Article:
A verdict is expected Tuesday morning in the corruption trial of former Prime Minister Ehud Olmert, involving three separate bribery and corruption cases.
The panel of three Jerusalem District Court judges is slated to deliver its ruling at 9:30 A.M. on what have come to be known as the Rishon Tours, Talansky and Investment Center affairs.
When he first took the witness stand, in May 2011, Olmert told the court, "I am fighting for my life here," and he has certainly waged a stubborn legal battle.
The defense and the prosecution are in agreement about most of the relevant facts in the case; it is their interpretation that is in dispute. The two sides differ on the broader context of the incidents, as well as Olmert's state of mind at the time of his actions. Thus, the question at hand is whether he deliberately and knowingly committed fraud, as the prosecution claimed, or, whether, as the defense argued, the alleged offenses were a byproduct of the disorganization of his office, Olmert's immense workload, negligence or even malice of figures close to him.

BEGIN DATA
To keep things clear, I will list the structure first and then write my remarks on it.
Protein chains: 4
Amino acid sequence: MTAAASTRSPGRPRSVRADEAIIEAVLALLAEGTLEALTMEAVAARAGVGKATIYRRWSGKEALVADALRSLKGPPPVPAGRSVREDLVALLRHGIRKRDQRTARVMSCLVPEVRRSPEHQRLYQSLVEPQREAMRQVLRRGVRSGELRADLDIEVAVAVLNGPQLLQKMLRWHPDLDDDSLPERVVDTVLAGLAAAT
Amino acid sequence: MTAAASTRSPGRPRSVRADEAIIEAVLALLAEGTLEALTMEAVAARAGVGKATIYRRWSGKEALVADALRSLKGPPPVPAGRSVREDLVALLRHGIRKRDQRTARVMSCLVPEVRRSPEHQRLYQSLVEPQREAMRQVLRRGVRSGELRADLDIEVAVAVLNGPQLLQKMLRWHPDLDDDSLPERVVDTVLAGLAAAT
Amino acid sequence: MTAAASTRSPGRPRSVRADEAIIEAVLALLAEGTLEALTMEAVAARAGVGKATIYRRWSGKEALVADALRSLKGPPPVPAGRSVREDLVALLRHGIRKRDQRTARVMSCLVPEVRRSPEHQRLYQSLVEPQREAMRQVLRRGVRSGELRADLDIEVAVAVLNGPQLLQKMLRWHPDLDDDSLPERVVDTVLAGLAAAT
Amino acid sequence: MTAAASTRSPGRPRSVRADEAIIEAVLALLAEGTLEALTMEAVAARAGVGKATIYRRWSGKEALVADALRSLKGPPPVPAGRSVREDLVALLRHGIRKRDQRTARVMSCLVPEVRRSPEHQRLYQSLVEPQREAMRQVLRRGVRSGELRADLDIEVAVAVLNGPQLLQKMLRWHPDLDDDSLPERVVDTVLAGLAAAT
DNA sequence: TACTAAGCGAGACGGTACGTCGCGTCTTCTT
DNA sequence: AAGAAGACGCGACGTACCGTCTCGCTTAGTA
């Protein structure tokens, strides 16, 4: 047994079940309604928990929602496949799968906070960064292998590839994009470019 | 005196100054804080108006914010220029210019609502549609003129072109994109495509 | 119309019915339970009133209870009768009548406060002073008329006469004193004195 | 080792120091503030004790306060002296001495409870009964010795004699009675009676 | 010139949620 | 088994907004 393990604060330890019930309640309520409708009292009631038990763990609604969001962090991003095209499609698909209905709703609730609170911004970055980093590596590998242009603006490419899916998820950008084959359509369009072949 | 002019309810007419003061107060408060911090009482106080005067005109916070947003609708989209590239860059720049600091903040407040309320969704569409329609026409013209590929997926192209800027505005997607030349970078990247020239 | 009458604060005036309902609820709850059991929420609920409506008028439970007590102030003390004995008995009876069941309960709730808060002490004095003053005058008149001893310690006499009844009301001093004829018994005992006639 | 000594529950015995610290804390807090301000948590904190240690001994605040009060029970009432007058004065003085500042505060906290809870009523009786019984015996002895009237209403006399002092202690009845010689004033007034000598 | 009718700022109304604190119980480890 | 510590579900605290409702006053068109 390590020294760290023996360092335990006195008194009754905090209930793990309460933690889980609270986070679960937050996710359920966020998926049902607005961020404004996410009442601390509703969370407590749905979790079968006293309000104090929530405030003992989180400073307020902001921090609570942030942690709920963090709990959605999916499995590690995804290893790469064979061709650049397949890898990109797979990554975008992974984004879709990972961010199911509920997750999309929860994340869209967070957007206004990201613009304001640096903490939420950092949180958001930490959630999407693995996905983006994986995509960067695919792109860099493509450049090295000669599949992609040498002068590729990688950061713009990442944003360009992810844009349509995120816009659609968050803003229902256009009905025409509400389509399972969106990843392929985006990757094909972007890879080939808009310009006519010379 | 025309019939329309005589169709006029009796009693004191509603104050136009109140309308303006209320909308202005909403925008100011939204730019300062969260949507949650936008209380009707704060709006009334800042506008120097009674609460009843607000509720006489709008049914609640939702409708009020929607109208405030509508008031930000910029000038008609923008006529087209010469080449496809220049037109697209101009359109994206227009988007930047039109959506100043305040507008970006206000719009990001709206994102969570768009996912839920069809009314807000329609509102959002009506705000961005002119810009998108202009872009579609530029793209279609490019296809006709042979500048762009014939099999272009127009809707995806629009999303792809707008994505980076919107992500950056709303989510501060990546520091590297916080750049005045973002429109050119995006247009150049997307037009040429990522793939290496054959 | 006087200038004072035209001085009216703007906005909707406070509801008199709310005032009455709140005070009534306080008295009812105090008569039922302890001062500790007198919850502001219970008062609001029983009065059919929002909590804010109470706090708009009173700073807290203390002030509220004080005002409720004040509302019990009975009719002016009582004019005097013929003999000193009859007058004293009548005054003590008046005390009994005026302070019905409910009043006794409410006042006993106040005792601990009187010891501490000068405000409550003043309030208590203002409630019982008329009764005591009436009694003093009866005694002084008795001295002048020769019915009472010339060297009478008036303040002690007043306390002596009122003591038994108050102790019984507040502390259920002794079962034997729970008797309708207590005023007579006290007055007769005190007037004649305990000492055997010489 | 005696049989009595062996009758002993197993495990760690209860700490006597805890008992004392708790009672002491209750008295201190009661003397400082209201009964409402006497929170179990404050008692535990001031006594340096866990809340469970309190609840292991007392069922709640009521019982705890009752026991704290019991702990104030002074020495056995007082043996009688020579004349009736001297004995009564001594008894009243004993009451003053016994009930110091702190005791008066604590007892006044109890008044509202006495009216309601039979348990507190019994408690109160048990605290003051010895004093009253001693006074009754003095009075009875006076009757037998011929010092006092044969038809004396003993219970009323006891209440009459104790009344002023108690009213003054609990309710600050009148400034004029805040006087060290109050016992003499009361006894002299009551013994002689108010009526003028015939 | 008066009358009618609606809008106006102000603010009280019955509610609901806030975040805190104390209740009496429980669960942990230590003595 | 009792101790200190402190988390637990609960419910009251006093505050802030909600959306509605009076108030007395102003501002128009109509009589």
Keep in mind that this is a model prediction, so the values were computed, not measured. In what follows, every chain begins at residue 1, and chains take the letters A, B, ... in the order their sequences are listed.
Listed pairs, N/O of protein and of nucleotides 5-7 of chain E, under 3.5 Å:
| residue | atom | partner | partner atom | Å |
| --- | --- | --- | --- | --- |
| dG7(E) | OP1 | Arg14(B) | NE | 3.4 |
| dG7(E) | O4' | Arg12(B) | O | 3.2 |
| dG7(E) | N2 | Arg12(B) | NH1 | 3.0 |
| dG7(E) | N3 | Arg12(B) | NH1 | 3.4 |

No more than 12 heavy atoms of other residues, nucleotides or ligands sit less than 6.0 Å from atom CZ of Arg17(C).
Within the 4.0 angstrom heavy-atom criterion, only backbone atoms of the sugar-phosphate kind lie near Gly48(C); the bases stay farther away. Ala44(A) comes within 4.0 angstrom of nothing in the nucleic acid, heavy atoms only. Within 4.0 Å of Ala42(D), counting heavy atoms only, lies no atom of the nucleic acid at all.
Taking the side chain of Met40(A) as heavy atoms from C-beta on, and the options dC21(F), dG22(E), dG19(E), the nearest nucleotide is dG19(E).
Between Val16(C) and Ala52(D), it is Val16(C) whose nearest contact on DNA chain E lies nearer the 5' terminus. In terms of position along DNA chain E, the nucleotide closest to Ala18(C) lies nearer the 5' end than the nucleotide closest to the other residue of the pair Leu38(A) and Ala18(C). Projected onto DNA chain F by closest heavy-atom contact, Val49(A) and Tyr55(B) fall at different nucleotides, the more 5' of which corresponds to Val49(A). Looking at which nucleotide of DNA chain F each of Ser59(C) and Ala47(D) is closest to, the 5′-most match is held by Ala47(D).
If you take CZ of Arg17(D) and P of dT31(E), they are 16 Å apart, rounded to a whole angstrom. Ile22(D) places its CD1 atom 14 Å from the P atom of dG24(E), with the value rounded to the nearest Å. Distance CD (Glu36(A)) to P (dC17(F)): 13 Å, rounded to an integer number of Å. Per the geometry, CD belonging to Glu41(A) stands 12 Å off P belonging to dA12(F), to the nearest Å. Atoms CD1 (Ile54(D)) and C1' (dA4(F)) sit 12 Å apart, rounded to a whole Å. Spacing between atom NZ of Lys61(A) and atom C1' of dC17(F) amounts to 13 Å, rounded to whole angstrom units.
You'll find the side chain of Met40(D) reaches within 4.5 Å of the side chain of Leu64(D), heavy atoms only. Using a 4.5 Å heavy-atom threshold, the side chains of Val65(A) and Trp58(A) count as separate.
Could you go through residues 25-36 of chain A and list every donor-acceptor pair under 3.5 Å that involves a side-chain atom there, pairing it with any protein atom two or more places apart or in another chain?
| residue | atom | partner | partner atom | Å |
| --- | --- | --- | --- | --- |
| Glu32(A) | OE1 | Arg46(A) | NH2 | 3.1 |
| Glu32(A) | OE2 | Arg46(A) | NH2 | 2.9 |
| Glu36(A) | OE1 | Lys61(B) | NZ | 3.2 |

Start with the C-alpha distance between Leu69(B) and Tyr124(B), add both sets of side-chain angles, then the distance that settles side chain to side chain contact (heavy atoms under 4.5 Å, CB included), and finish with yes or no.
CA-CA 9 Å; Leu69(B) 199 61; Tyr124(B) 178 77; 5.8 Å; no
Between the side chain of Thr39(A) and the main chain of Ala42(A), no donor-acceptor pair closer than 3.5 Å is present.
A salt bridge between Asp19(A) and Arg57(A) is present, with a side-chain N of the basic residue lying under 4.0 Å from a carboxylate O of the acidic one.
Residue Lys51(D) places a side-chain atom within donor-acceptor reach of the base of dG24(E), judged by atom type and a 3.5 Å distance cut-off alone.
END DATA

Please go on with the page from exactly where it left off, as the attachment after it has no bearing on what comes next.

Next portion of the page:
In the Rishon Tours affair, for example, prosecutor Uri Corb argued that only a methodical system of double-billing and similar ploys could explain how Olmert and his family traveled abroad without worrying about payment. Defense attorney Navit Negev, however, argued that at most, Olmert was guilty of running a disorganized office that sometimes overbilled and sometimes underbilled.
Olmert allegedly pocketed $92,164 by claiming double and triple reimbursement from public organizations and from the state for trips between 2002-2006.
In the Talansky affair, which led to Olmert's resignation as prime minister in 2008, Olmert is charged with illegally receiving hundreds of thousands of dollars illegally. The main dispute is over the credibility of the American fundraiser Morris Talansky as a witness, as well as the source of the funds he funneled to Olmert.
The Investment Center affairs concerns allegations that Olmert, during his term as industry, trade and labor minister, granted personal favors to Uri Messer, his old law partner. Messer worked for companies using the services of the Industry, Trade and Labor Ministry agency and also held thousands of shekels in cash for Olmert.
Olmert is also one of sixteen suspects charged with wrongdoing in the Holyland corruption trial, which involves developers who allegedly paid bribes to senior Jerusalem municipal officials in exchange for expedited approval of expanded construction plans for the Holyland project.
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